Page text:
Job Search & Interview

How to Negotiate Salary When Given a Range: 6 Helpful Tips

Get this: There are now pay transparency laws in a few states, cities, and counties. This means employers must make their salary range public in a job listing. So before you apply, you’ll already know the minimum and maximum salary offered for the position. 

That’s great news for your job search. However, salary negotiation might be a bit trickier if you don’t know what to do when given a job offer with a specific range. 

Don’t worry. I’m here to teach you how to negotiate salary when given a range. With this, you’ll be able to ask for the top of the range or an even higher salary. So let’s dive right in!

Read More: Salary Offer Lower Than Discussed: What to Do and How to Deal With It

6 Helpful Tips to Negotiate a Given Salary Range

Katie Shonk, the editor of the Program on Negotiation at Harvard Law School, says, “Even if employers in your area aren’t required to post salary ranges, they may do so anyway—or may be willing to be nudged in that direction.” This is because an Indeed study showed that 68% of job seekers are more likely to apply if there is a payscale

Since public salary is the new norm, it’s wise to know the 6 helpful tips on how to negotiate salary when given a range. Here are the tips:

  1. Research, research, research
  2. Know your value
  3. Be open 
  4. Negotiate a salary in the top range
  5. Aim higher but be reasonable
  6. Consider the whole package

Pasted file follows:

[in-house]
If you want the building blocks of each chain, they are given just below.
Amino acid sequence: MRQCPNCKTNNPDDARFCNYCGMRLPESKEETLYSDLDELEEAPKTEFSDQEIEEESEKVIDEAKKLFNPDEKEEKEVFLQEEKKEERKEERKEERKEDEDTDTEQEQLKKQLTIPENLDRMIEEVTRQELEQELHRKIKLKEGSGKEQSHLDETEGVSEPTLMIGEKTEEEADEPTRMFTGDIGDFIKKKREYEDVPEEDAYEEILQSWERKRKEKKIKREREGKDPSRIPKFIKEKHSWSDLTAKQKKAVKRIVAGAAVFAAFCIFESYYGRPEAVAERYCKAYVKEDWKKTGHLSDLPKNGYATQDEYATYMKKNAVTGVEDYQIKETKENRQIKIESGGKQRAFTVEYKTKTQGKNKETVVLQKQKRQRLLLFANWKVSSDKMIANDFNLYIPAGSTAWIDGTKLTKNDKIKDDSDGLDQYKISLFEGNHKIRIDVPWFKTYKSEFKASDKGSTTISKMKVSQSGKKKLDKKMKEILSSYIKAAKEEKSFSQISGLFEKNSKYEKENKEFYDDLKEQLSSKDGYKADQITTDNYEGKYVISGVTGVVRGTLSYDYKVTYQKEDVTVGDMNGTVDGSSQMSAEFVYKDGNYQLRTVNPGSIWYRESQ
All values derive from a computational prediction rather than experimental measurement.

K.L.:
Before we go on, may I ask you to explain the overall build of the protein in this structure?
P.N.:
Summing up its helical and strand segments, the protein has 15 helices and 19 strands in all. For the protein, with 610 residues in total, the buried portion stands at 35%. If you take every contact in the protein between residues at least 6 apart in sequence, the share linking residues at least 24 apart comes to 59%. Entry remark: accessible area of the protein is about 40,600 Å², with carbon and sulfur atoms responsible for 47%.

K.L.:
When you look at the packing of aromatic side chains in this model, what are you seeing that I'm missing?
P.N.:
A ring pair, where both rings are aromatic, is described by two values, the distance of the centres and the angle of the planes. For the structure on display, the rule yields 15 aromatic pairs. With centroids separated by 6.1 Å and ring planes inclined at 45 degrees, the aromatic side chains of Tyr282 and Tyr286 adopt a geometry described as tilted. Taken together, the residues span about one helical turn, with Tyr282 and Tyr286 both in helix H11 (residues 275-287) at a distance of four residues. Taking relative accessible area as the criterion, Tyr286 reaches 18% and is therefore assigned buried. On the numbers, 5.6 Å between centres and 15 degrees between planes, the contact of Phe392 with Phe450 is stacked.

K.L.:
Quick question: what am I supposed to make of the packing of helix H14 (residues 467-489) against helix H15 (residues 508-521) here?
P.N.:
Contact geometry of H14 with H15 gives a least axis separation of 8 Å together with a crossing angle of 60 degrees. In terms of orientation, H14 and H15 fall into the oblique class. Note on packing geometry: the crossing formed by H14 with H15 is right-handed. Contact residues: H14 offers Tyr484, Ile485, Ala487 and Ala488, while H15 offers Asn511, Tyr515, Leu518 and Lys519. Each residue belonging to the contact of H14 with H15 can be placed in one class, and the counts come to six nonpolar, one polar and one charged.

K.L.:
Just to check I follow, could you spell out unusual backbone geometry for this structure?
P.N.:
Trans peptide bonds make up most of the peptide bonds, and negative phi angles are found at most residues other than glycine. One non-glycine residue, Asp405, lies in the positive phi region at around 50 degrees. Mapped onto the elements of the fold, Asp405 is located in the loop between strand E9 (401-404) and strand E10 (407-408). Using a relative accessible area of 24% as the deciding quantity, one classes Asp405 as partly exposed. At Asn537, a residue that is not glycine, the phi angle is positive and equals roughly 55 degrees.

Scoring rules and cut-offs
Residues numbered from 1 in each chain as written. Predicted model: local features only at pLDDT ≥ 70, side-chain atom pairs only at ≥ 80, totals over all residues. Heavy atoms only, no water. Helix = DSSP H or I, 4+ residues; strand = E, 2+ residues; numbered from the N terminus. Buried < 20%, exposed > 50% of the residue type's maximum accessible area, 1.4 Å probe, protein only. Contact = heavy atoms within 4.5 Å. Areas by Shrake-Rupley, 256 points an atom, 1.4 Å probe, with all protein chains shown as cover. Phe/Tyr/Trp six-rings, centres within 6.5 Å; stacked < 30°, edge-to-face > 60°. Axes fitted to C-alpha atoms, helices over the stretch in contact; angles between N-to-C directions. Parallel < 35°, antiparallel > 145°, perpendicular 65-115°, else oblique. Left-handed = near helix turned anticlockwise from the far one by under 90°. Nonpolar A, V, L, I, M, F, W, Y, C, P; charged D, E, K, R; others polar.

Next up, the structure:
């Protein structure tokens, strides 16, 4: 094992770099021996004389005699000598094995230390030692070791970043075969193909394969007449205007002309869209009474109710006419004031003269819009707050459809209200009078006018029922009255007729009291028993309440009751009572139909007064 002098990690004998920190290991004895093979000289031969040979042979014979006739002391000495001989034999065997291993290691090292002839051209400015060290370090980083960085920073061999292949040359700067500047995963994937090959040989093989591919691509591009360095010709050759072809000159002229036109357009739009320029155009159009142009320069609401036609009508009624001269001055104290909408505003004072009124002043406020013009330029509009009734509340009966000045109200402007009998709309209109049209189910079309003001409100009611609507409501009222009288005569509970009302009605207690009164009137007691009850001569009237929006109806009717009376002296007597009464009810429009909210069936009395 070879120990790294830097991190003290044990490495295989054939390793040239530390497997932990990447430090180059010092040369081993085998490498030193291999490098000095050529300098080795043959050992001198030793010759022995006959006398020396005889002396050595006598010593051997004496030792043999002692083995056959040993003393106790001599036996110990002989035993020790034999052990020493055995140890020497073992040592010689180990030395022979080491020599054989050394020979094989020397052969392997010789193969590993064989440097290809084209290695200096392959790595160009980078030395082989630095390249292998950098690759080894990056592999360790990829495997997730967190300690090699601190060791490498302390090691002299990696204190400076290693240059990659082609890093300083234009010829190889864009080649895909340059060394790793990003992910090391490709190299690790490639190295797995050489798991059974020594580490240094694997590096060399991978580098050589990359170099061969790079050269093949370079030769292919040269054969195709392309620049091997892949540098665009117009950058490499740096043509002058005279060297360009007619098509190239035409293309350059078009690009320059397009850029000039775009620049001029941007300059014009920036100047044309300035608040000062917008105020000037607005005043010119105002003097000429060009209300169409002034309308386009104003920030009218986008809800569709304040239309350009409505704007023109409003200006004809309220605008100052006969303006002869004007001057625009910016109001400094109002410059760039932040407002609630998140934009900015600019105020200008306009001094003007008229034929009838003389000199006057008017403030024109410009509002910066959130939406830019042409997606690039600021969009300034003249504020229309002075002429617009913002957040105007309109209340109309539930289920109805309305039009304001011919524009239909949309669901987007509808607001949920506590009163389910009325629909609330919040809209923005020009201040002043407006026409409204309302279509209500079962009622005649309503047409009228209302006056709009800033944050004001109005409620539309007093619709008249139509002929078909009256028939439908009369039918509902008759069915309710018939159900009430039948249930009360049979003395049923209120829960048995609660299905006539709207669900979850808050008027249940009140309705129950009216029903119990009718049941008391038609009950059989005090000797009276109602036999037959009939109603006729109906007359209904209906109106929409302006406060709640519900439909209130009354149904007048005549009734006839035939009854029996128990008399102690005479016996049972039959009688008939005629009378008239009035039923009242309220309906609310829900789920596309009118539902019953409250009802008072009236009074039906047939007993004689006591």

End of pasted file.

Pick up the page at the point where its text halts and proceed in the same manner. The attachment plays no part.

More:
1. Research, research, research

If you want to be the best negotiator, you need to know about the market value. This means you should research and see the average salary of the role you’re applying for. Don’t forget to include location, experience, and industry. 

Once you get the estimated starting salary, you can see whether the posted range is fair. If it is, then you can negotiate your salary within the given range. 

If the posted salary is a lowball budget, this data-driven range will help you negotiate a salary based on industry standards. You’ll be able to put in a stronger argument for a higher salary range. 

Nainil Chheda, a Marketing Expert, adds:

You can use online tools, such as Glassdoor or PayScale, to get an estimate, but also consider other factors, such as your skills, achievements, and unique value proposition.

Read More: Ghosted After Salary Negotiation – What Went Wrong and What to Do About It

2. Know your value

Remember, researching can only go so far as an estimate. What if you bring more value than the average Joe? To follow Chheda’s advice, it’s important to know your value when talking to a recruiter or hiring manager. 

For this, list down your level of experience. If you have lots of experience in the new job role, you will be more valuable to an employer (thus you can ask for a salary that’s higher). On the flip side, you may have to stick to industry standards if you have little to no experience

Another thing to consider is your skills and achievements. Did you know that a whopping 93% of employers prioritize soft skills when hiring (according to a survey by Wonderlic)? 

If you can boast essential soft skills, your value will naturally go higher and you may be able to ask for a bigger final offer. This can be applied to your achievements, too. 

Read More: 5 Trap Questions in Salary Negotiation Interview and How to Answer Them

3. Be open 

If your employer gives salary transparency, don’t take it as law. Instead, one advice for negotiating a given salary is to be open about it. Who knows, this may lead to a higher pay range. 

So go ahead and ask how the range was determined, what benefits are included, or how to move up the scale in the future. You can even go so far as to share your expectations and goals. 

If not for anything else, this will build rapport and trust between you and the employer. It will also show that you’re genuinely interested in the opportunity. You don’t want them to think you’re only about the money. That’s too greedy!

Read More: Know When NOT to Negotiate Salary to Avoid Job Offer Rescind 

4. Negotiate a salary in the top range